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Osovets Offensive
Part of Operation Bagration / Eastern Front
DateAugust 6, 1944 – August 14, 1944
Flag of Germany (1935–1945).svg Nazi Germany Soviet Union Soviet Union
Commanders and leaders
Flag of Germany (1935–1945).svgHelmuth Weidling,
Friedrich Herrlein
Soviet Union Gyorgy Zakharov
(2nd Belorussian Front)
? ?
Casualties and losses
? ?

The Osovets Offensive (Russian: Осовецкая наступательная операция) was part of the third and final phase of Operation Bagration, the Belorussian Strategic Offensive of the Red Army in summer 1944.

Osovets is the Russianised version of the Polish name Osowiec / Ossowiec / Ossowitz.

Operational goals[edit | edit source]

The offensive commenced after the 2nd Belorussian Front had successfully taken Grodno and Bialystok in the Belostock Offensive. The Front was issued with new objectives at the end of July, being ordered to move on Łomża (German language: Lomscha) and Ostrołęka (German language: Scharfenwiese) and to enlarge bridgeheads over the Narew river in preparation for a further advance into East Prussia.

The defenders were somewhat aided by fortifications from previous eras, including a major Imperial Russian-era fortress complex at Osowiec on the Biebrza River that was a scene of a siege in 1915 (February to August) during the First World War, and which was partly demolished by Wehrmacht troops in 1939 before its surrender to the Red Army. There were also substantial Soviet border fortifications remaining from the Molotov Line located 20 km west of the old fortress.

Deployments[edit | edit source]

Wehrmacht[edit | edit source]

The above units were under the overall command of Army Group Centre (Field-Marshal Walter Model).

Red Army[edit | edit source]

Below is a list of units credited with participation in the liberation of Osovets, and not those participating in the operation as a whole.[1]

87th NKVD Border Guard Regiment (Major Aleksander Olschuk)
343rd Rifle Division (Major-General Iakimovich)
121st Rifle Corps (General-Major Dmytry Smirnov
238th Rifle Division (General-Major Ivan Krasnoshtanov)
385th Rifle Division (General-Major Mitrofan Suprunov)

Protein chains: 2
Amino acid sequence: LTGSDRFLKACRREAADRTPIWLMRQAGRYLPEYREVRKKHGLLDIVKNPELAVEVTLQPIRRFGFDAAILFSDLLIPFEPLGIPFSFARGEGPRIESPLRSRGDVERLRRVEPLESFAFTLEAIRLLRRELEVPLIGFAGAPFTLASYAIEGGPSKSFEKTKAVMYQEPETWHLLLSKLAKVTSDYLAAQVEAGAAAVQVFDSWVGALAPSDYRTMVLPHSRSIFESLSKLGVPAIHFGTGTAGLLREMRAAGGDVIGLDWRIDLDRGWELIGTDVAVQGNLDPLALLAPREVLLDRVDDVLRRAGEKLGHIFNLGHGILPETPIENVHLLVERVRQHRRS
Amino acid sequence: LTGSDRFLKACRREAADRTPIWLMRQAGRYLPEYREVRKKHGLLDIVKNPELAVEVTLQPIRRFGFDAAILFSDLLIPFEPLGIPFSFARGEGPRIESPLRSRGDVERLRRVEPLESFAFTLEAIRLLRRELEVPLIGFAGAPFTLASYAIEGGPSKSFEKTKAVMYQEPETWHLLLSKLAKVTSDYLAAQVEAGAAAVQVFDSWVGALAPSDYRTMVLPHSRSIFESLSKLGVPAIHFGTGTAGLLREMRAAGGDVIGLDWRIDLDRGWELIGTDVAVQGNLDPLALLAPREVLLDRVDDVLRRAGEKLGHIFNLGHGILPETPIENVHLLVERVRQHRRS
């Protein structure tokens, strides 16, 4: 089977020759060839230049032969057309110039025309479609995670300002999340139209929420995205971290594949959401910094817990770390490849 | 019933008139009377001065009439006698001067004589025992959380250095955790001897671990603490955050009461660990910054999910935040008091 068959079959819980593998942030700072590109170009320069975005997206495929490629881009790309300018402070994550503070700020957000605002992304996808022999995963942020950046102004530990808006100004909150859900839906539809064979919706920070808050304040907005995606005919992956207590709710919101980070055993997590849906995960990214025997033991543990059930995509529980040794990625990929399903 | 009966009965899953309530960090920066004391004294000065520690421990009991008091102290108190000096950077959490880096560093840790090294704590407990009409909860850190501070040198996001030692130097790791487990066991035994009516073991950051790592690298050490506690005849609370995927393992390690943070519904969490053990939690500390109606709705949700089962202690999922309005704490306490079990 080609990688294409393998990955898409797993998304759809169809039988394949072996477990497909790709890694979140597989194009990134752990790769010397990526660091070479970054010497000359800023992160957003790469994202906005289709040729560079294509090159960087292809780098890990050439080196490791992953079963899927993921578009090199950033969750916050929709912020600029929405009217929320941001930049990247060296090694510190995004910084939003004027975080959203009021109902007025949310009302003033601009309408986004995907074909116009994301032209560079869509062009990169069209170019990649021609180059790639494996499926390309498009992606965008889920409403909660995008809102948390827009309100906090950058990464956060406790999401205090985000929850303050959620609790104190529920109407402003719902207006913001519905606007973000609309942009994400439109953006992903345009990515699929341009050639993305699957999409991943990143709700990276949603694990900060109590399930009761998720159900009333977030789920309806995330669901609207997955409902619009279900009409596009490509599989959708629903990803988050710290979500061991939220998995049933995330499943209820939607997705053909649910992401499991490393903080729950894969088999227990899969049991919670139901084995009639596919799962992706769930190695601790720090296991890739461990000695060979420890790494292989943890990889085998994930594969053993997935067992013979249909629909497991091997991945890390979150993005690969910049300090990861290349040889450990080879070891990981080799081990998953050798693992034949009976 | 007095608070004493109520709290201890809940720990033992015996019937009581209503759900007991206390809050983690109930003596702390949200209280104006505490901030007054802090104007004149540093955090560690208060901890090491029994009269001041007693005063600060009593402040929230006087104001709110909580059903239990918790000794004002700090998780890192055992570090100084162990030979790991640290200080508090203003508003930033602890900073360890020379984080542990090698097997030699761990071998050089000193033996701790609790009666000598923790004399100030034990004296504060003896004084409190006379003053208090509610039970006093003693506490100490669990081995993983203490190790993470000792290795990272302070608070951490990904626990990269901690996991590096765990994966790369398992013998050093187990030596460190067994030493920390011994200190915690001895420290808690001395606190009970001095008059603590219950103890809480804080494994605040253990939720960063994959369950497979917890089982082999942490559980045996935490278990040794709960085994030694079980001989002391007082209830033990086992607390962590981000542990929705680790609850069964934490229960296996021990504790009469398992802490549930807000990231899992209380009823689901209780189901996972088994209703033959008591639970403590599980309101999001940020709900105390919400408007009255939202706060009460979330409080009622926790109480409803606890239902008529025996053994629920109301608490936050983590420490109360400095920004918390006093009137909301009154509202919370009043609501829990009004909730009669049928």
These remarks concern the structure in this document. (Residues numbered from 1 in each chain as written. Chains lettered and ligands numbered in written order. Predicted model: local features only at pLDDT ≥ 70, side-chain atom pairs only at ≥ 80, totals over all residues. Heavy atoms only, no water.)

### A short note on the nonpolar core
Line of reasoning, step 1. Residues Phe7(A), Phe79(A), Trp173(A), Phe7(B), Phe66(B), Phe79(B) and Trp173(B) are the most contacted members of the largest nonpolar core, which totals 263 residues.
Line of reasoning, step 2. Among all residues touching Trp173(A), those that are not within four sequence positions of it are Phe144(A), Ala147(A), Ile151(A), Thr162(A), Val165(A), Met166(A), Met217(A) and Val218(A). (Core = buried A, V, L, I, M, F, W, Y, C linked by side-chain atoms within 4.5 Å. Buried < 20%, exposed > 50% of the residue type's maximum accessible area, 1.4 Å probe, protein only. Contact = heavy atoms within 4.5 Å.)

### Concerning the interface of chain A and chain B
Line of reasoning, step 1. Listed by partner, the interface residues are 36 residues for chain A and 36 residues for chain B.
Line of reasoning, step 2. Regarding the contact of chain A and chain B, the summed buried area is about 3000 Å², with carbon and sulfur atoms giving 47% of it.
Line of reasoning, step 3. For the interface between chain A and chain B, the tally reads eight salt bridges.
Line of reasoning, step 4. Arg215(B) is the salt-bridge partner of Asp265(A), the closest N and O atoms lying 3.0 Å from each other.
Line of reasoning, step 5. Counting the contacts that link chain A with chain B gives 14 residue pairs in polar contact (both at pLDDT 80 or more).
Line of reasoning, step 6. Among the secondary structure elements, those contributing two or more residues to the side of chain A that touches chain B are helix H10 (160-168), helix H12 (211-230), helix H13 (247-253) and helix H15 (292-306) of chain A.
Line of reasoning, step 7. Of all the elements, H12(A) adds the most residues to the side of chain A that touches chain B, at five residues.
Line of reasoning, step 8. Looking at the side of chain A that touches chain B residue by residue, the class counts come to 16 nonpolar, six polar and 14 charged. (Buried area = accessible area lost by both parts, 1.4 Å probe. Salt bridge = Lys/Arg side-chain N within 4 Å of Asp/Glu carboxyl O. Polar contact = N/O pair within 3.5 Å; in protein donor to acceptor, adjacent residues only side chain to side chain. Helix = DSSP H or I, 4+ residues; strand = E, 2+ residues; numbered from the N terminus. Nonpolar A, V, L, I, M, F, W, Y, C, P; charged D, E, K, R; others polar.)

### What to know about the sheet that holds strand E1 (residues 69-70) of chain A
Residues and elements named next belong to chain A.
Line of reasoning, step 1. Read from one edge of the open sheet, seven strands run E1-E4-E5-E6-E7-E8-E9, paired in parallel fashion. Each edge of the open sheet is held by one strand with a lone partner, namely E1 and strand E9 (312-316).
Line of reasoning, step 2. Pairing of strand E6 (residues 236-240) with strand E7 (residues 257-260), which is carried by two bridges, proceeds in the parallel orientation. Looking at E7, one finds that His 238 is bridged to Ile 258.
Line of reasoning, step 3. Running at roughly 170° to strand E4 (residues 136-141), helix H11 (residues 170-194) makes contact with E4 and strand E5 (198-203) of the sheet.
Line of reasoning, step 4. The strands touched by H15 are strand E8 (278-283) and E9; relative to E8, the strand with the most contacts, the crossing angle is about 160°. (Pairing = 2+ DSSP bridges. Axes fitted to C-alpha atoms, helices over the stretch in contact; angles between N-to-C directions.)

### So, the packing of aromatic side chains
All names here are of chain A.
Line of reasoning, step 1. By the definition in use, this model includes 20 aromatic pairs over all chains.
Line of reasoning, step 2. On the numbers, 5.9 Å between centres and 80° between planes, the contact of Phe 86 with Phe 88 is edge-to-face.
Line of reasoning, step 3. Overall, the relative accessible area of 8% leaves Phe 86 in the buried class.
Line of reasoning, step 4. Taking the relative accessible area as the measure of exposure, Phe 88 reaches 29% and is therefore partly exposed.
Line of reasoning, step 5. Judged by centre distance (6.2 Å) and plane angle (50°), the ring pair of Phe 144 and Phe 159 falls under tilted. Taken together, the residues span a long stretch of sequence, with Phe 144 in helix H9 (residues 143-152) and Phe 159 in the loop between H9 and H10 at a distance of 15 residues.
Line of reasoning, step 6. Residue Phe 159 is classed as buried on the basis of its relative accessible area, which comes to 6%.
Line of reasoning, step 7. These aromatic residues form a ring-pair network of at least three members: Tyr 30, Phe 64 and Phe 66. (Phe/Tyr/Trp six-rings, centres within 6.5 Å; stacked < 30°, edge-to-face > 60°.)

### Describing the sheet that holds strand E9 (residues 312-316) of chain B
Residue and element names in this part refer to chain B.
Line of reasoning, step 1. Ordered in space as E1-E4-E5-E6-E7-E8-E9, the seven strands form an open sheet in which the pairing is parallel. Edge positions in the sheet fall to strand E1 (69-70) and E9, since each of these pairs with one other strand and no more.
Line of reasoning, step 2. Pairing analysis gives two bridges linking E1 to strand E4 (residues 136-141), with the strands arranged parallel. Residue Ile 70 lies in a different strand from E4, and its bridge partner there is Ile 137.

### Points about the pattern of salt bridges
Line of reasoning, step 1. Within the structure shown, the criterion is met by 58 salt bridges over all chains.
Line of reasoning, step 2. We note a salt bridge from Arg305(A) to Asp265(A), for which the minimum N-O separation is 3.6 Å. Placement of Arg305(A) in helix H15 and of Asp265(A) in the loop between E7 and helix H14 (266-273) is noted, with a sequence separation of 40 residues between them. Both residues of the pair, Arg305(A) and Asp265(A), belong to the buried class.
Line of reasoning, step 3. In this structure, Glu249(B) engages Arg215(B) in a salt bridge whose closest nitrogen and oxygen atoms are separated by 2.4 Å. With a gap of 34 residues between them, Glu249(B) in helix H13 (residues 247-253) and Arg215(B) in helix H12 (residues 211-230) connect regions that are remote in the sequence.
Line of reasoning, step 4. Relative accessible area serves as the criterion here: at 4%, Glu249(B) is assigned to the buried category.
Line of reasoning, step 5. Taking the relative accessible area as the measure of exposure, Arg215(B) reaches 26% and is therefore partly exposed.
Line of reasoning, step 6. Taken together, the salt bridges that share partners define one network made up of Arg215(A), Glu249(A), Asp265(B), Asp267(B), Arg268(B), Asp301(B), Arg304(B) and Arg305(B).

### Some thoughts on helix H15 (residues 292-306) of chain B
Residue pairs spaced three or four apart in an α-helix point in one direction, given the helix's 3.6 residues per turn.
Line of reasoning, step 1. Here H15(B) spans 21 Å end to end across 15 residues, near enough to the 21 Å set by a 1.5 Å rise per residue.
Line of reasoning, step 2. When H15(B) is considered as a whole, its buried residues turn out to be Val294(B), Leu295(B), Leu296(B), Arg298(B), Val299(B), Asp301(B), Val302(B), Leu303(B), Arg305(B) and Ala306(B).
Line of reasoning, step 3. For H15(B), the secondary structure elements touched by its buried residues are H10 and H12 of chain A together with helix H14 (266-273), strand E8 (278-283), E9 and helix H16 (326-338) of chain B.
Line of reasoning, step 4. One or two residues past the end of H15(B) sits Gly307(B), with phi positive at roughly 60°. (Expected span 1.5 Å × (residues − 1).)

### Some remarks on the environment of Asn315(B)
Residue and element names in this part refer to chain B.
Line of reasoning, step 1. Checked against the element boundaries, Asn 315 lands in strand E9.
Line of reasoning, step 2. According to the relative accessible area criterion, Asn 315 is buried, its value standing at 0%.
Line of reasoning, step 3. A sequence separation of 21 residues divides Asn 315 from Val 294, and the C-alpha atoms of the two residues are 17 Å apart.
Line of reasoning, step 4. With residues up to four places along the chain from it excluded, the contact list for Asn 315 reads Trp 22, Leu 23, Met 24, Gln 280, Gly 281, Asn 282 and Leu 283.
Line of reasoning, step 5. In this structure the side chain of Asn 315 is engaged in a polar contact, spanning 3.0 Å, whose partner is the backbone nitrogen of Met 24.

23rd Guards Tank Brigade (Colonel Sergey Kozikov)
81st Rifle Corps (General-Major Fedor Zakharov)
369th Rifle Division (Colonel Aleksandr Fedotov)
324th Rifle Division (Colonel Ivan Kazak)
1434 self-propelled artillery regiment (Sub-Colonel Boris Kopylov)
1444 self-propelled artillery regiment (Colonel Fedor Myachev)
27 anti-tank destroyer artillery brigade (Sub-Colonel Kriskent Semyanov)
230th Assault Air Division (General-Major of Aviation Semyon Get'man) (part only)
233rd Assault Air Division (Colonel Valentin Smolovik) (part only)
229th Fighter Air Division (Colonel Mikhail Volkov) (part only)
309th Fighter Air Division (Colonel Vasily Buss) (part only)
325th Night Bombing Air Division (Colonel Grigory Pokoyevoy)
8th Fighter Air Corps (General-Major of Aviation Fedor Zherebchenko) (from 16th Air Army)
215th Fighter Air Division (Colonel Mikhail Yakushin)
4th Assault Air Corps (General-Major of Aviation Georgiy Baidukov)
199th Assault Air Division (Colonel Nikolay Vinogradov)

The offensive[edit | edit source]

The offensive began on August 6 with further penetrations by the 2nd Belorussian Front west of Byalistok.

The approaches to Osowiec were heavily defended; the 1st Guards Assault Engineer Brigade was required to establish river crossings under fire.[2] Units of the Front stormed and took the fortress, after a heavy air bombardment by Major-General Georgiy Baidukov's 4th Strike Aviation Corps, on August 14.[3] Joseph Stalin's Order no. 166 for that day noted the capture of the fortress and congratulated the units and commanders involved.

August 14 is noted as the end of the offensive in official Soviet historiography, but in fact attempts continued to seize bridgeheads over the Narew throughout the remainder of August. The 49th Army, however, found that the German defences on the approaches to Lomza were difficult to overcome, sustaining many casualties (even losing a divisional commander, Major-General Iakimovich of the 343rd Rifle Division, in their attempt to force the defensive lines).[4]

Lomza itself was not taken until mid-September; there were intense battles along the Narew as Second Army was progressively reinforced and attempted to crush the bridgeheads.

Aftermath[edit | edit source]

Although there were many local actions (including attacks by Polish partisans, who had a strong presence in the area) the German defence line on the Narew held through the remainder of 1944, until the 2nd Belorussian Front's advance in the East Prussian Operation of January 1945.

References[edit | edit source]

  • Maslov, A., translated by Glantz, D., Fallen Soviet Generals, Routledge, 1998 ISBN 0-7146-4790-X

Footnotes[edit | edit source]

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